Following on from company culture, investing in your employer branding also helps to establish brand advocacy within your existing workforce. Research outlined in the It’s Time We All Work Happy: The Secrets of the happiest companies and employees report agreed that they felt more loyal when they were satisfied, engaged and happy at work.
Having staff as loyal brand advocates is favourable in an age which thrives on social media interactions, because you benefit from image amplification supported by social proof. Companies like Google, Apple and Microsoft are best case examples of this in action.
How to boost your employer branding
The most effective way to start building an employer branding that attracts quality talent is to continually invest time and effort into its maintenance. Practical strategies for this can include the following:
1. Communicate relevance
When you sit down to write a job posting or to conduct an interview, you should strive to communicate exactly why your business makes a difference to its employees and customers. It’s this which will provide the additional pull for prospective new hires.
2. Ensure the work remains interesting
Research for the Robert Half 2018 Salary Guide showed that employees continue to find growth and development an attractive job benefit, both in current and prospective roles. During the interview process, make a point to mention the kinds of opportunities available, be they project or training-based, as well as day-to-day tasks they’ll be expected to undertake.
3. Promote existing employees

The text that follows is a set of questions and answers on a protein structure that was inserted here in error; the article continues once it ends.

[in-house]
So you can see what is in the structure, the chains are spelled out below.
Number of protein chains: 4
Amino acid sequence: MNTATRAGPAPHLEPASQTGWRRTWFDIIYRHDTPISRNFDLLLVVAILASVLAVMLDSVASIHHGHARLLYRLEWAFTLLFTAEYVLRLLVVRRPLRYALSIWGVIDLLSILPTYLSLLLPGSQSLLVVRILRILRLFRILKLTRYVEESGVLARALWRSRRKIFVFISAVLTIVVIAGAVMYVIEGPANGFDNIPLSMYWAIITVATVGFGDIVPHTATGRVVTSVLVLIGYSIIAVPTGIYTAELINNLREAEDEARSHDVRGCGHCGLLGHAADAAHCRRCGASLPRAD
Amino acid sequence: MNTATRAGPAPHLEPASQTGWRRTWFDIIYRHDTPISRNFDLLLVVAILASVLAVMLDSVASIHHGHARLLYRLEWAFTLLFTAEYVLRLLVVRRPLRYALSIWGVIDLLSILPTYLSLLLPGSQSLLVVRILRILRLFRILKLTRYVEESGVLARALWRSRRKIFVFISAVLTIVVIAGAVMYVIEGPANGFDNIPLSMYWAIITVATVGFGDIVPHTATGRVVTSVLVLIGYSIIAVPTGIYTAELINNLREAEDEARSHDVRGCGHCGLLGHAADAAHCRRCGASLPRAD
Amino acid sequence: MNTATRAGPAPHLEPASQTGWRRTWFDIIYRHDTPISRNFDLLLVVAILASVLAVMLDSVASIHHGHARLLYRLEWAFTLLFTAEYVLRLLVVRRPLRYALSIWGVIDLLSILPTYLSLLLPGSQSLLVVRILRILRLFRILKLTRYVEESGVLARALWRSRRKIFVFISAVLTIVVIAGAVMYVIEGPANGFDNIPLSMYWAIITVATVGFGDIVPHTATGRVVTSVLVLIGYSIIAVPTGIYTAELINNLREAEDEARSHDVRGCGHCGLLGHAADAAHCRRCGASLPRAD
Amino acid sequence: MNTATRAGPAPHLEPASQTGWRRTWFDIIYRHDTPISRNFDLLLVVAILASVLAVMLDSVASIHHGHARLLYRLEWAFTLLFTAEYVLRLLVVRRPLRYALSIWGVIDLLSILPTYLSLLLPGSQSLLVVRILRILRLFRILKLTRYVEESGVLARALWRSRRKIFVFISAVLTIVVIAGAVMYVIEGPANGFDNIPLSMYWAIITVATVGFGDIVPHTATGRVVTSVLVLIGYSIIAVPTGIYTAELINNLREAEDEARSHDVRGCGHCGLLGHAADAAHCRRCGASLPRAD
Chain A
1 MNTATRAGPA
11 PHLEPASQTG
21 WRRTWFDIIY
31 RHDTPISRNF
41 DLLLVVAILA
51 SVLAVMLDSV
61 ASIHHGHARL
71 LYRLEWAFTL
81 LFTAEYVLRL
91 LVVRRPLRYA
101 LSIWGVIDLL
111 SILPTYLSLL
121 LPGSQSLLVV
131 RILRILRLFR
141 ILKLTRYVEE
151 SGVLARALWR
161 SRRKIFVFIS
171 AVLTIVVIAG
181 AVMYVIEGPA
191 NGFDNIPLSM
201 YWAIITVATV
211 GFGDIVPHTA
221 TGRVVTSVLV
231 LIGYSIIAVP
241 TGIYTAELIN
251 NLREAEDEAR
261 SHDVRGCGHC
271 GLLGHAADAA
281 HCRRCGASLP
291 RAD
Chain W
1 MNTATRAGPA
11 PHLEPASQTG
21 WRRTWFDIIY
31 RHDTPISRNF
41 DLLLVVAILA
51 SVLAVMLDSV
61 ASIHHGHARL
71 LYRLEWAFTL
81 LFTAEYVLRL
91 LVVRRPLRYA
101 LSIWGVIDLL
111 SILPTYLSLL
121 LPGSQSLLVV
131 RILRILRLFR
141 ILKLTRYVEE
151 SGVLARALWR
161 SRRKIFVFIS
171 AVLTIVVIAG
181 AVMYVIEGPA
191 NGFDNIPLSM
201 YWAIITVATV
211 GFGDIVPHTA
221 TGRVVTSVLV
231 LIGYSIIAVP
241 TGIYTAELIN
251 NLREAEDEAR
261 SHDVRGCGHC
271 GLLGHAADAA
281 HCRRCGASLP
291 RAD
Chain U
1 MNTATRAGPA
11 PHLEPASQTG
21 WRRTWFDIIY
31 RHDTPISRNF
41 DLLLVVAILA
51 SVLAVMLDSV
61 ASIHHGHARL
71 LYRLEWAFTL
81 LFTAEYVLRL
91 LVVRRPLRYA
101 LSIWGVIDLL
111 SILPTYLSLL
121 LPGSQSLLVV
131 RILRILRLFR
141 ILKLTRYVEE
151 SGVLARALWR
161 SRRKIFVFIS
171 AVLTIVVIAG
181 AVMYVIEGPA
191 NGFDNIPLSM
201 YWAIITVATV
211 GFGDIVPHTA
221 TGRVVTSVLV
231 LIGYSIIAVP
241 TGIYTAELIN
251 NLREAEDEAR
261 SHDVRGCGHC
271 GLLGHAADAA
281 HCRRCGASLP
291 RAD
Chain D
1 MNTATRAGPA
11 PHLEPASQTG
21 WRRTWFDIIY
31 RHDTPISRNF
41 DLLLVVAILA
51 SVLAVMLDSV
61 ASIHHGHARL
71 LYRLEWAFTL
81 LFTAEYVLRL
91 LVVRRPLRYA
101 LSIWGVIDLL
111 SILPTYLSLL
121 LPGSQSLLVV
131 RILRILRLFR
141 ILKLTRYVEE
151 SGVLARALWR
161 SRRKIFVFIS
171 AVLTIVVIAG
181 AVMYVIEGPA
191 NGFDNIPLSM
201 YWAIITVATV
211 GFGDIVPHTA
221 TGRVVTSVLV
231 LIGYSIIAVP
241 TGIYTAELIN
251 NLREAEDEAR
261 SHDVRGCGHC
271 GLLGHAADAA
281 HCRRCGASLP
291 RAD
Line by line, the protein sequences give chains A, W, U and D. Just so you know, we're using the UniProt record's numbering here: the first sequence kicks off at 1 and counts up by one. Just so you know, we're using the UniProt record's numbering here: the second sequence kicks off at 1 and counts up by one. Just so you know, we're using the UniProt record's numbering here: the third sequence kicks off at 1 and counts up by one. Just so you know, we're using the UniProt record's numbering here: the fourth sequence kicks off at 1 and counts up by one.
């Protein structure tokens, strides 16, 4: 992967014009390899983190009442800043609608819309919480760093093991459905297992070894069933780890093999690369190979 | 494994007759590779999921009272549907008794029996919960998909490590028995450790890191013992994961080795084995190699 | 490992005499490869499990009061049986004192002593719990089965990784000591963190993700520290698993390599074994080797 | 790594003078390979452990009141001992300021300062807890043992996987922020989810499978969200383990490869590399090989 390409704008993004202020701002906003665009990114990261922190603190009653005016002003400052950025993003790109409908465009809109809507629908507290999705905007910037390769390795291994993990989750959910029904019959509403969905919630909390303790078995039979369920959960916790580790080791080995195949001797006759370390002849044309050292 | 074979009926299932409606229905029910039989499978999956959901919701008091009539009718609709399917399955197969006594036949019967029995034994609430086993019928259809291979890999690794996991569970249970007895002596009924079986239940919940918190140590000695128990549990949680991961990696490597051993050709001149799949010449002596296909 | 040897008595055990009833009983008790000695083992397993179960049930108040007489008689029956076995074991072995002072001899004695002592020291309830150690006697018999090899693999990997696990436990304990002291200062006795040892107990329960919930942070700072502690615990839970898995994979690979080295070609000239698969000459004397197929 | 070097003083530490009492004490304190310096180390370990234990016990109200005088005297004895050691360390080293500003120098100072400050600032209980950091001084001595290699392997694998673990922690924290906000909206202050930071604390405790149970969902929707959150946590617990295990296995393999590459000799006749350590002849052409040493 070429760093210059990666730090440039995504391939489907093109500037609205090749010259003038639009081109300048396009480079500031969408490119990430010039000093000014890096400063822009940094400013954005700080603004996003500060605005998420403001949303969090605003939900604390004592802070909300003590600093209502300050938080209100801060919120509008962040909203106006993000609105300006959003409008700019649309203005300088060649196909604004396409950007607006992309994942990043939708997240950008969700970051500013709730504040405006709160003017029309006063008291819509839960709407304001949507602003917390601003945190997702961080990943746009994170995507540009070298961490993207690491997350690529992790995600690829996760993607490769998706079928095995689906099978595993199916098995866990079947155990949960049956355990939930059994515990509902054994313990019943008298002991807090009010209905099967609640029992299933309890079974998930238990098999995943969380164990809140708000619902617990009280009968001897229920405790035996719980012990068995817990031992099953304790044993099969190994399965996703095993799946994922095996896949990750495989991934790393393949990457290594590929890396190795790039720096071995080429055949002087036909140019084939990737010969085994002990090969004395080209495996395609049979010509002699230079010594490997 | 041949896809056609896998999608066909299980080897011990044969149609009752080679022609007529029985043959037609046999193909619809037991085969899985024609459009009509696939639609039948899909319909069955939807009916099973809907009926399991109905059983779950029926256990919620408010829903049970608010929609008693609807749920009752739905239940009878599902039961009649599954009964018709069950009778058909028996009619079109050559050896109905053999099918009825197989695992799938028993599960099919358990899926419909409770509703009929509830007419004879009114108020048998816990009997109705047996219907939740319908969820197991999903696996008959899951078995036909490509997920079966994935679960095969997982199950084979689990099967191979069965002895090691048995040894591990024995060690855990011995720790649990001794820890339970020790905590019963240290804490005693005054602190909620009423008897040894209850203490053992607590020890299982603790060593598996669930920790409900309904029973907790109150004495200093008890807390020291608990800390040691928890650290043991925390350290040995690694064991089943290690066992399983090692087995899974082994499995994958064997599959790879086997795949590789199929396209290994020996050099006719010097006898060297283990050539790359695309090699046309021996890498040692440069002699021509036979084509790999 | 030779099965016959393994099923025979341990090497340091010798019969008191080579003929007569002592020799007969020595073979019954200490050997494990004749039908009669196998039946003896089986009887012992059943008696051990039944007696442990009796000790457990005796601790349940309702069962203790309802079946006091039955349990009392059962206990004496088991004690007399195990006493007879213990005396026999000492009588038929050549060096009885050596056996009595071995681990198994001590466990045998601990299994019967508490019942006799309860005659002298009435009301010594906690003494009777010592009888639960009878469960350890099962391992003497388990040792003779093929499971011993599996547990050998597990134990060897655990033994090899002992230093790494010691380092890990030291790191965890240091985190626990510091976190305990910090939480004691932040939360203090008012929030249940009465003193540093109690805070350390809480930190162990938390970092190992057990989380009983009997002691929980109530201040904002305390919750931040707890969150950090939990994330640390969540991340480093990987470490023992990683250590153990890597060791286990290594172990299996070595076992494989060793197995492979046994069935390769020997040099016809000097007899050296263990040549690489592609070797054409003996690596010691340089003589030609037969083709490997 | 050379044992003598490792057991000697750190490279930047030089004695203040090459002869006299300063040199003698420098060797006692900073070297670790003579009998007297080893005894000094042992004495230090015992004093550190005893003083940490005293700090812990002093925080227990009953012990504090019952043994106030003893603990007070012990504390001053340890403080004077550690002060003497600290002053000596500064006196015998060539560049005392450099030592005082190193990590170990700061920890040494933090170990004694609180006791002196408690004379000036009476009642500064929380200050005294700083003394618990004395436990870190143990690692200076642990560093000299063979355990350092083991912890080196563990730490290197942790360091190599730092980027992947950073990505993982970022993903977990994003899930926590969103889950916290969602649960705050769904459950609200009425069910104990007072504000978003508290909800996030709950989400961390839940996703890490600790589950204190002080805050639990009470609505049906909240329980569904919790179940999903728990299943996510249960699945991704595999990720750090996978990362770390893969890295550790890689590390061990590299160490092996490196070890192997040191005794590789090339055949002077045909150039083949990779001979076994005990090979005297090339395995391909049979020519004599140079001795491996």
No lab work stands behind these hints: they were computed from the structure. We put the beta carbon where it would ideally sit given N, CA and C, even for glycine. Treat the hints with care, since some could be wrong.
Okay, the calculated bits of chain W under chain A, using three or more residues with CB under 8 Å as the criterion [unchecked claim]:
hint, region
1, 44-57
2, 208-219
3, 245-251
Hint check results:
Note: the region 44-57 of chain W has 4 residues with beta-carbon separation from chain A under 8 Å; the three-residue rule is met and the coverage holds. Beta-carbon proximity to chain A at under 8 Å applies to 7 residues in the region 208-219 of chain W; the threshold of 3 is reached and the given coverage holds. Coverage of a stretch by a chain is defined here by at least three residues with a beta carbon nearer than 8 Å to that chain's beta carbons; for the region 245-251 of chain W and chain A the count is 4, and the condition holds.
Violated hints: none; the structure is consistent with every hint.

Growth and development for employees isn’t limited to the training you offer, it also includes the opportunity to rise through the ranks of the company. Top talent will be looking to work with companies that typically champion this as part of their hiring strategy.
4. Establish competitive salary benchmarks
Candidates come into the interview room with a keen sense of what they’re worth within their local area and industry. It’s not uncommon for them to have done extensive research on this when beginning the hunt for a new opportunity. Ensure you’re similarly educated so that you might make an attractive offer.
Check out the Robert Half Salary Guides for comprehensive data on the latest starting salaries for hundreds of job titles.
5. Promote the perks
Small perks, rewards and unique benefits go a long way towards making employees feel valued for what they do. There’s potential to create some real buzz around the benefits you offer—gym memberships, weekly team lunches and the ability to bring a pet to work, for example. Thinking outside the ‘company benefits’ box is an excellent way to foster candidate excitement.
6. Leverage social media and technology
For businesses, social media represents free advertising. It costs nothing to engage with potential candidates via platforms like Twitter or Facebook and can start a new relationship off on the right foot.
Online employer branding tactics can also be strengthened by simply ensuring that career information is accurate and easy to find on your company site.
7. Remember that exit interviews are important
You can learn a lot from the employees who choose to move on from your company. Although you may be investing every effort into keeping them, staff turnover is unavoidable. Ask questions designed to help refine the existing management style and remuneration offering so you can continue to build on your employer branding.